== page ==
Left by the wayside again are alternate proposals for the highway route. As has been noted here before, leaving Segments I and III in their current locations makes a deforestation-inducing route through TIPNIS inevitable. However, numerous engineering groups have proposed alternate routes for a Cochabamba–Beni highway, and will do so again tonight in La Paz (webcasted, even). In the US context, where environmental impact assessment (but not prior consultation) has long been a required part of every “major Federal action” (under the National Environmental Policy Act), the presentation of genuine alternatives is the required first step for meaningful assessment. Bolivia would do well to follow that model.

The campaign by Evo Morales’ Movement towards Socialism (MAS) party to resume construction of a controversial new highway (background: 1 2 3 wikipedia) through the protected Isiboro Securé National Park and Indigenous Territory enters a critical phase today. While a pro-highway march has just reached Caracollo (Oruro), a six-day march away from the capital, the Bolivian Plurinational Legislative Assembly will take up consideration of the march’s demands today. The march, officially led by CONISUR, an organization of indigenous people living in the southern, colonized zone of TIPNIS, has had open support of the MAS from the start. Its legitimacy has also been called into question by the national indigenous confederation CIDOB and a wide swath of Bolivian media from the right to the independent left, including the community radio network Erbol.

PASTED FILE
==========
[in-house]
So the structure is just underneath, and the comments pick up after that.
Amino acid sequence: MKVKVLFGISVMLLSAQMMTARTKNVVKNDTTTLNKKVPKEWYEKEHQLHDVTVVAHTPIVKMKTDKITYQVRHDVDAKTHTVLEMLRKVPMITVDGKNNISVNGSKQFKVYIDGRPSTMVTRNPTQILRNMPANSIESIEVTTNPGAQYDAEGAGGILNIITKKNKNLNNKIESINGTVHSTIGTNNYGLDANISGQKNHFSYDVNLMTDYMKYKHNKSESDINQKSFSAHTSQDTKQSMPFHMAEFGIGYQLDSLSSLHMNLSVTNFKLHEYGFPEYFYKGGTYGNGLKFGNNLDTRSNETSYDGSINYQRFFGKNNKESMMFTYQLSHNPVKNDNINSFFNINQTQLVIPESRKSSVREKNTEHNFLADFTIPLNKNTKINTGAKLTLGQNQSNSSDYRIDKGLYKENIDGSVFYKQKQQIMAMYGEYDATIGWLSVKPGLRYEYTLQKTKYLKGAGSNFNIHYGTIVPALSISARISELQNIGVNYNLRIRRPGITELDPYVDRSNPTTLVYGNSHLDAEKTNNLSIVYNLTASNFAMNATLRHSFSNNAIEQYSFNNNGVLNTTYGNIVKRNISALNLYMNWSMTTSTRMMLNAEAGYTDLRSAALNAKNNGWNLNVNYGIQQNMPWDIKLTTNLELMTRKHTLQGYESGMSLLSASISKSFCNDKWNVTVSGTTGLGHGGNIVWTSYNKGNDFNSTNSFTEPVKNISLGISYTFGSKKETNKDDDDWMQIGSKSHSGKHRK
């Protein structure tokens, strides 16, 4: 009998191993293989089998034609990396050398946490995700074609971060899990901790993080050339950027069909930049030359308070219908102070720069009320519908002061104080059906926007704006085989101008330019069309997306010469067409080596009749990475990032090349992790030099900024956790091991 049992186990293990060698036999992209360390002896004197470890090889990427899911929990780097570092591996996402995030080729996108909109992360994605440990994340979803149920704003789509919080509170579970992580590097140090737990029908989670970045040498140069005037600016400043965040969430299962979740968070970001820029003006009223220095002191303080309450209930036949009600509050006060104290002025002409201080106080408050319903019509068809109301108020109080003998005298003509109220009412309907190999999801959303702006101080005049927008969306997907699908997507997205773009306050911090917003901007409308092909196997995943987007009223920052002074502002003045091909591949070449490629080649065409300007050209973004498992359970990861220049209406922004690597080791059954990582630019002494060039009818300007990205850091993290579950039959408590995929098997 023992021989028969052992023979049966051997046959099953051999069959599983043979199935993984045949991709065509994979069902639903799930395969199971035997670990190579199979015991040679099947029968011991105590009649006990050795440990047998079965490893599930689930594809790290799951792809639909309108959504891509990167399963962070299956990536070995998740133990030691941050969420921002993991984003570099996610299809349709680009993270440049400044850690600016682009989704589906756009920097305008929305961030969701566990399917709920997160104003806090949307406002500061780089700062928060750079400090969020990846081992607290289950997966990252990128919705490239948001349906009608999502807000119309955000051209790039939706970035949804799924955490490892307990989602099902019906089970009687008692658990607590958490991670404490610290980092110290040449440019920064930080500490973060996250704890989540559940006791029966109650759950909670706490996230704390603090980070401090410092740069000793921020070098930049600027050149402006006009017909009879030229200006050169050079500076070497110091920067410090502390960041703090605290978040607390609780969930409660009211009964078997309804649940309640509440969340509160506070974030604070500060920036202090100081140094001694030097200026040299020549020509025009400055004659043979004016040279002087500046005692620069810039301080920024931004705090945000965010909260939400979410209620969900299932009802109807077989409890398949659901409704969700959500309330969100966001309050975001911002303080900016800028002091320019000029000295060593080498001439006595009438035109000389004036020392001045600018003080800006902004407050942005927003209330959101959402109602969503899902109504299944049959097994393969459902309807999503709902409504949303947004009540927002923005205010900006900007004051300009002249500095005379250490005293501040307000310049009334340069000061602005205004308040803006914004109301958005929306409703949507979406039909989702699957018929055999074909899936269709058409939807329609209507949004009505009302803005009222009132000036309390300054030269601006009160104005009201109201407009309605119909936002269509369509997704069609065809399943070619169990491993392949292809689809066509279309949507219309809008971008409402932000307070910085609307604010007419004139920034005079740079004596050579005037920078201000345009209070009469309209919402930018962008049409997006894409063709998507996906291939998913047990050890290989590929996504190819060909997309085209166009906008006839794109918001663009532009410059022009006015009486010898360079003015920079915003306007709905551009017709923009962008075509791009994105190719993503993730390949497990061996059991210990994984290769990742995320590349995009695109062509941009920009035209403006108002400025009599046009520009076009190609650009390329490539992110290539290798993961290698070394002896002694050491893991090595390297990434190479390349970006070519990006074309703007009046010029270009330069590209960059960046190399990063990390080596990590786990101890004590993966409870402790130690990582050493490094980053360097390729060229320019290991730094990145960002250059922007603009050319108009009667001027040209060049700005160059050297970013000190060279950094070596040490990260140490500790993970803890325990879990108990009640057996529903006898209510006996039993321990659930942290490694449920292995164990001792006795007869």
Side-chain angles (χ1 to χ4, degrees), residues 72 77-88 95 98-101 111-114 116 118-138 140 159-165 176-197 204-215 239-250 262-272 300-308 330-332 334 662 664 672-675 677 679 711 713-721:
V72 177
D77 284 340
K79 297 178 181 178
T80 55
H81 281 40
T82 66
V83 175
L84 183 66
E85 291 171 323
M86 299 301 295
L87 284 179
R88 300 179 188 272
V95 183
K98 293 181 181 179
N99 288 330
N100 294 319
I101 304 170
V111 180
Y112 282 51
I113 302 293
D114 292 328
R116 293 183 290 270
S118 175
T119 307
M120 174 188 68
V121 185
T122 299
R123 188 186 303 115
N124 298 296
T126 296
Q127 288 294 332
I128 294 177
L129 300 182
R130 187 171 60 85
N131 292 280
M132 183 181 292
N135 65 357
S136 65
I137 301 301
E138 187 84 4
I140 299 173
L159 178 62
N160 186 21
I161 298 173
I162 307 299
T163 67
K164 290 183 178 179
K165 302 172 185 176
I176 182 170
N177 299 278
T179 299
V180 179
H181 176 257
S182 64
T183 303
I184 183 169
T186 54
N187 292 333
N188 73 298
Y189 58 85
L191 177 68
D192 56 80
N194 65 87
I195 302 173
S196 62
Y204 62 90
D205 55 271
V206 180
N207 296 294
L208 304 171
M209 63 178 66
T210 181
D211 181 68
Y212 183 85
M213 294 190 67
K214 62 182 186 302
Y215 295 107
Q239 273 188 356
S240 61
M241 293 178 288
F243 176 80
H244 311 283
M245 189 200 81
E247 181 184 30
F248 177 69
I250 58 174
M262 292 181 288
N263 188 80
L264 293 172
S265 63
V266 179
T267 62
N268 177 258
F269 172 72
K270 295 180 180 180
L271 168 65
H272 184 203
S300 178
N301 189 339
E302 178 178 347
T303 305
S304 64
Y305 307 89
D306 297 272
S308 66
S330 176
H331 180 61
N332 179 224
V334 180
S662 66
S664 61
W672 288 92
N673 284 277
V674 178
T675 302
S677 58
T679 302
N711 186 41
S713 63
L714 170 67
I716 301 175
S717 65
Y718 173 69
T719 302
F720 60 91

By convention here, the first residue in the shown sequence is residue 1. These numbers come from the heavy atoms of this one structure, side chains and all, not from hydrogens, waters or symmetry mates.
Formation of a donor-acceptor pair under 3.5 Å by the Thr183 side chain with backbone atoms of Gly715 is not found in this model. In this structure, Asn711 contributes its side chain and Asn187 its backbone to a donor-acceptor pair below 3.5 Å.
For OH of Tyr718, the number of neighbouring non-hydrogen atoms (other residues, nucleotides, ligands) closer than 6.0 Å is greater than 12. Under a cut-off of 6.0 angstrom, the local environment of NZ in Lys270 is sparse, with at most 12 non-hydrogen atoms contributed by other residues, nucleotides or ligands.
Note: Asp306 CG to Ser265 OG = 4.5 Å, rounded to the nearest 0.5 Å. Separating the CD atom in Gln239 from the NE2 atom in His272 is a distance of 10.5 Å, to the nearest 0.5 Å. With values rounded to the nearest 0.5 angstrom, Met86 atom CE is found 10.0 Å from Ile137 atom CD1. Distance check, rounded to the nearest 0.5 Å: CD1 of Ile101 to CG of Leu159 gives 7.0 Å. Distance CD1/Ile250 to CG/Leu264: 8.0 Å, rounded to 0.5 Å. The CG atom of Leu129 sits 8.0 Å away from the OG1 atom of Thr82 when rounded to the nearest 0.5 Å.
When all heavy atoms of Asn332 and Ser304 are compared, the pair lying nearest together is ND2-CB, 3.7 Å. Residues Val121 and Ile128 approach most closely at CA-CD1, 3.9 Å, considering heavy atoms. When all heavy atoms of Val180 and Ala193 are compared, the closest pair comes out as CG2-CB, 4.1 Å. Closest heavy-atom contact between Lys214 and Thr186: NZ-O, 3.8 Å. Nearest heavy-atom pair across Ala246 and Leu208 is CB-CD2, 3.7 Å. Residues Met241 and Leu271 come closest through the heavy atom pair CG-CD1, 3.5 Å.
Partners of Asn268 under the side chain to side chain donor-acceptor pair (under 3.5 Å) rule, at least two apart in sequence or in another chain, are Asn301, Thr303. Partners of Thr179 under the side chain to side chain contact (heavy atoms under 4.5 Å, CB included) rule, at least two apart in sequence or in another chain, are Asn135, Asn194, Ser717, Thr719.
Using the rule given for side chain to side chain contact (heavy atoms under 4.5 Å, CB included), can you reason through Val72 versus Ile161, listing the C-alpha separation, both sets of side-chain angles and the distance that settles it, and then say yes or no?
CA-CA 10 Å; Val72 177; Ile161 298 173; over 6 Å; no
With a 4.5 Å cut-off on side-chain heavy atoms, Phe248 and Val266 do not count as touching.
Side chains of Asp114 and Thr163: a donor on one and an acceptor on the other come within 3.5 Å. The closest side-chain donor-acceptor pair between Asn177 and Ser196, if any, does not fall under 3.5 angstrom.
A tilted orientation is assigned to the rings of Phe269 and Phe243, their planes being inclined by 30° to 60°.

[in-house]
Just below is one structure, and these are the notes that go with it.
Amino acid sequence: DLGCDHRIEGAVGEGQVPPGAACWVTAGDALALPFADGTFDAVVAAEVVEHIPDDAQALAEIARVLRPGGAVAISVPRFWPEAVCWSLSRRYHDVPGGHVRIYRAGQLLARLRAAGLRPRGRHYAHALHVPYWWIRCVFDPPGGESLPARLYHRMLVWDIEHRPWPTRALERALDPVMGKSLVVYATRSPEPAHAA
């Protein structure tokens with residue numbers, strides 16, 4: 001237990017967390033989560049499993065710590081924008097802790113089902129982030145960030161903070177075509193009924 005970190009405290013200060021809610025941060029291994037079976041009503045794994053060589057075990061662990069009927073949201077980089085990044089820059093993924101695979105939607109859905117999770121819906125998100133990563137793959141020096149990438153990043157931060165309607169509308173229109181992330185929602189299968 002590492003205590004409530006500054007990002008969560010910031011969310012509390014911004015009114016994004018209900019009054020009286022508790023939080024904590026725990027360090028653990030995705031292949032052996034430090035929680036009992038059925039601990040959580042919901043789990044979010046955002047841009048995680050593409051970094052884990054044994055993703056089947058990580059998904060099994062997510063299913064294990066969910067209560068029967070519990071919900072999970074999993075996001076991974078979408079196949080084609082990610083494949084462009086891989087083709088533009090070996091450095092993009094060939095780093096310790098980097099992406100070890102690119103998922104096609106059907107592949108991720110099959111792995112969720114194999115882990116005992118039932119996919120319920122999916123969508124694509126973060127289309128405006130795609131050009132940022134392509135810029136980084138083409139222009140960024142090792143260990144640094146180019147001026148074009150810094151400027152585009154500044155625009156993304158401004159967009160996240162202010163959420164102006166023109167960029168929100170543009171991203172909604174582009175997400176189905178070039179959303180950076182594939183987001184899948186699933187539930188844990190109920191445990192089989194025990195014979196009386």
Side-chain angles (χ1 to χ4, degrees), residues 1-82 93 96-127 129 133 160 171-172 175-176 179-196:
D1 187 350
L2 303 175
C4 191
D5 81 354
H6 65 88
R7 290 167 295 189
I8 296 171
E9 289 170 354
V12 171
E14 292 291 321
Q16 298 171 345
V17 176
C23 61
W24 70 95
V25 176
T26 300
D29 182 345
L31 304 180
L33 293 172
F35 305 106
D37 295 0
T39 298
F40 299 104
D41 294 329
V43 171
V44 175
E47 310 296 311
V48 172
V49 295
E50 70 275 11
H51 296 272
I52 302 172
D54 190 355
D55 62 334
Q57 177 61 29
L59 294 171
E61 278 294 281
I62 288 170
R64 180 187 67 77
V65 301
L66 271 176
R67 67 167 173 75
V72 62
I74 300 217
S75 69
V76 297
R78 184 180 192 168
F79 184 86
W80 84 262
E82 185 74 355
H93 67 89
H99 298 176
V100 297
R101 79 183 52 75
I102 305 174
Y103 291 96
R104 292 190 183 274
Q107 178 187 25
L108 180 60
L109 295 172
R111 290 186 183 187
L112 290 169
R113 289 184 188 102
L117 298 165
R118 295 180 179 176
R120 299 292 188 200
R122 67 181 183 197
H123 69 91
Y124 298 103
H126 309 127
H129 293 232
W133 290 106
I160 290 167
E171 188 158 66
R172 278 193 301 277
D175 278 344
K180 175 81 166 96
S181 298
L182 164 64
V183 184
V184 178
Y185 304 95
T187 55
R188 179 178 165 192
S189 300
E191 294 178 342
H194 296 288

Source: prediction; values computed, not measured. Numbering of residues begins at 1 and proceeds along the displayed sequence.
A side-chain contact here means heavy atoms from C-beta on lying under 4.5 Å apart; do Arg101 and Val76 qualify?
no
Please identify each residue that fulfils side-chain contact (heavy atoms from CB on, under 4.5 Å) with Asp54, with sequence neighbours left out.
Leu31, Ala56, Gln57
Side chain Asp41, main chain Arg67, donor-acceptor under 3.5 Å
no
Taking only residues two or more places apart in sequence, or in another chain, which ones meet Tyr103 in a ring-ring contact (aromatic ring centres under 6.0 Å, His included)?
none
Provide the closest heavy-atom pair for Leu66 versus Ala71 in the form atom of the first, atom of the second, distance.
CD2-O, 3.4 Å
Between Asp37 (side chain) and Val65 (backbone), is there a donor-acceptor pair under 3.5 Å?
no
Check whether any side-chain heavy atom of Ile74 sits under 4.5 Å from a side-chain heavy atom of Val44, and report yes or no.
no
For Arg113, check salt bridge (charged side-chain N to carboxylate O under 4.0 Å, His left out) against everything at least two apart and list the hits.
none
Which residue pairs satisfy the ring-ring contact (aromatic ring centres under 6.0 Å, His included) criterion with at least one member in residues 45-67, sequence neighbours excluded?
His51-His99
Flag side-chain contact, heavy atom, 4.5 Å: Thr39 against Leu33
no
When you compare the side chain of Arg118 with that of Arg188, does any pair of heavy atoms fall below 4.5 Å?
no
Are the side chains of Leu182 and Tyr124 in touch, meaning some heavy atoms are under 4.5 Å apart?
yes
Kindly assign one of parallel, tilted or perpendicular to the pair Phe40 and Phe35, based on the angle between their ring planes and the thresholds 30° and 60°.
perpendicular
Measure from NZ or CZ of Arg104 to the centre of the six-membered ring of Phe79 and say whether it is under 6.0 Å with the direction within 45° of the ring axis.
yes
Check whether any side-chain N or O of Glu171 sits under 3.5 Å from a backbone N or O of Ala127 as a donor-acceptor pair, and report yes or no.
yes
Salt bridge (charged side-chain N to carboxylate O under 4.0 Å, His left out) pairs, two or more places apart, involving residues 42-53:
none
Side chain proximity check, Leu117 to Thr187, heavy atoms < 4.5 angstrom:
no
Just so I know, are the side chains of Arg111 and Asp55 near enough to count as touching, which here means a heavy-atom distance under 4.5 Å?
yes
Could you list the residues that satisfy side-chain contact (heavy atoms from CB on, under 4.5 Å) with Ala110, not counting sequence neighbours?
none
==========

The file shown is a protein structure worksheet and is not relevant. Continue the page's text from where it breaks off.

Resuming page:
Erbol has an informative run-down today of the “five MAS strategies to achieve the construction of the TIPNIS highway” since it signed an agreement with the Subcentral TIPNIS, CIDOB, and CONAMAQ to shelve the project in October. These strategies are:

  • A December 9 rally in Cochabamba in support of construction, organized by the Governor’s office of Cochabamba. Work hours throughout the department were adjusted to assure attendance, and government officials spoke out about being obliged to attend.
  • The CONISUR march, begun December 19/20 at Isinuta, on the edge of TIPNIS.
  • The December 16 suspension of Beni governor Ernesto Suarez Sattori, indicted for governmental financial irregularities. Suarez had been the most prominent official in the region to criticize the project and showed a willingness to support alternate routes for the road. His successor, Haisen Ribera Leigue, is a right-wing legislator who has since been disavowed by his party for joining the MAS vote to suspend Suarez. Ribera has joined the call to annul the law protecting TIPNIS, and build the road.
  • The Plurinational Encounter to Deepen the Change, a three-part “consultation with civil society” on the part of the Bolivian executive branch, included the highway in its agenda for Cochabamba and Beni. The meeting was boycotted by the indigenous federations CIDOB and CONAMAQ as part of the fracturing of the Pact of Unity (wikipedia).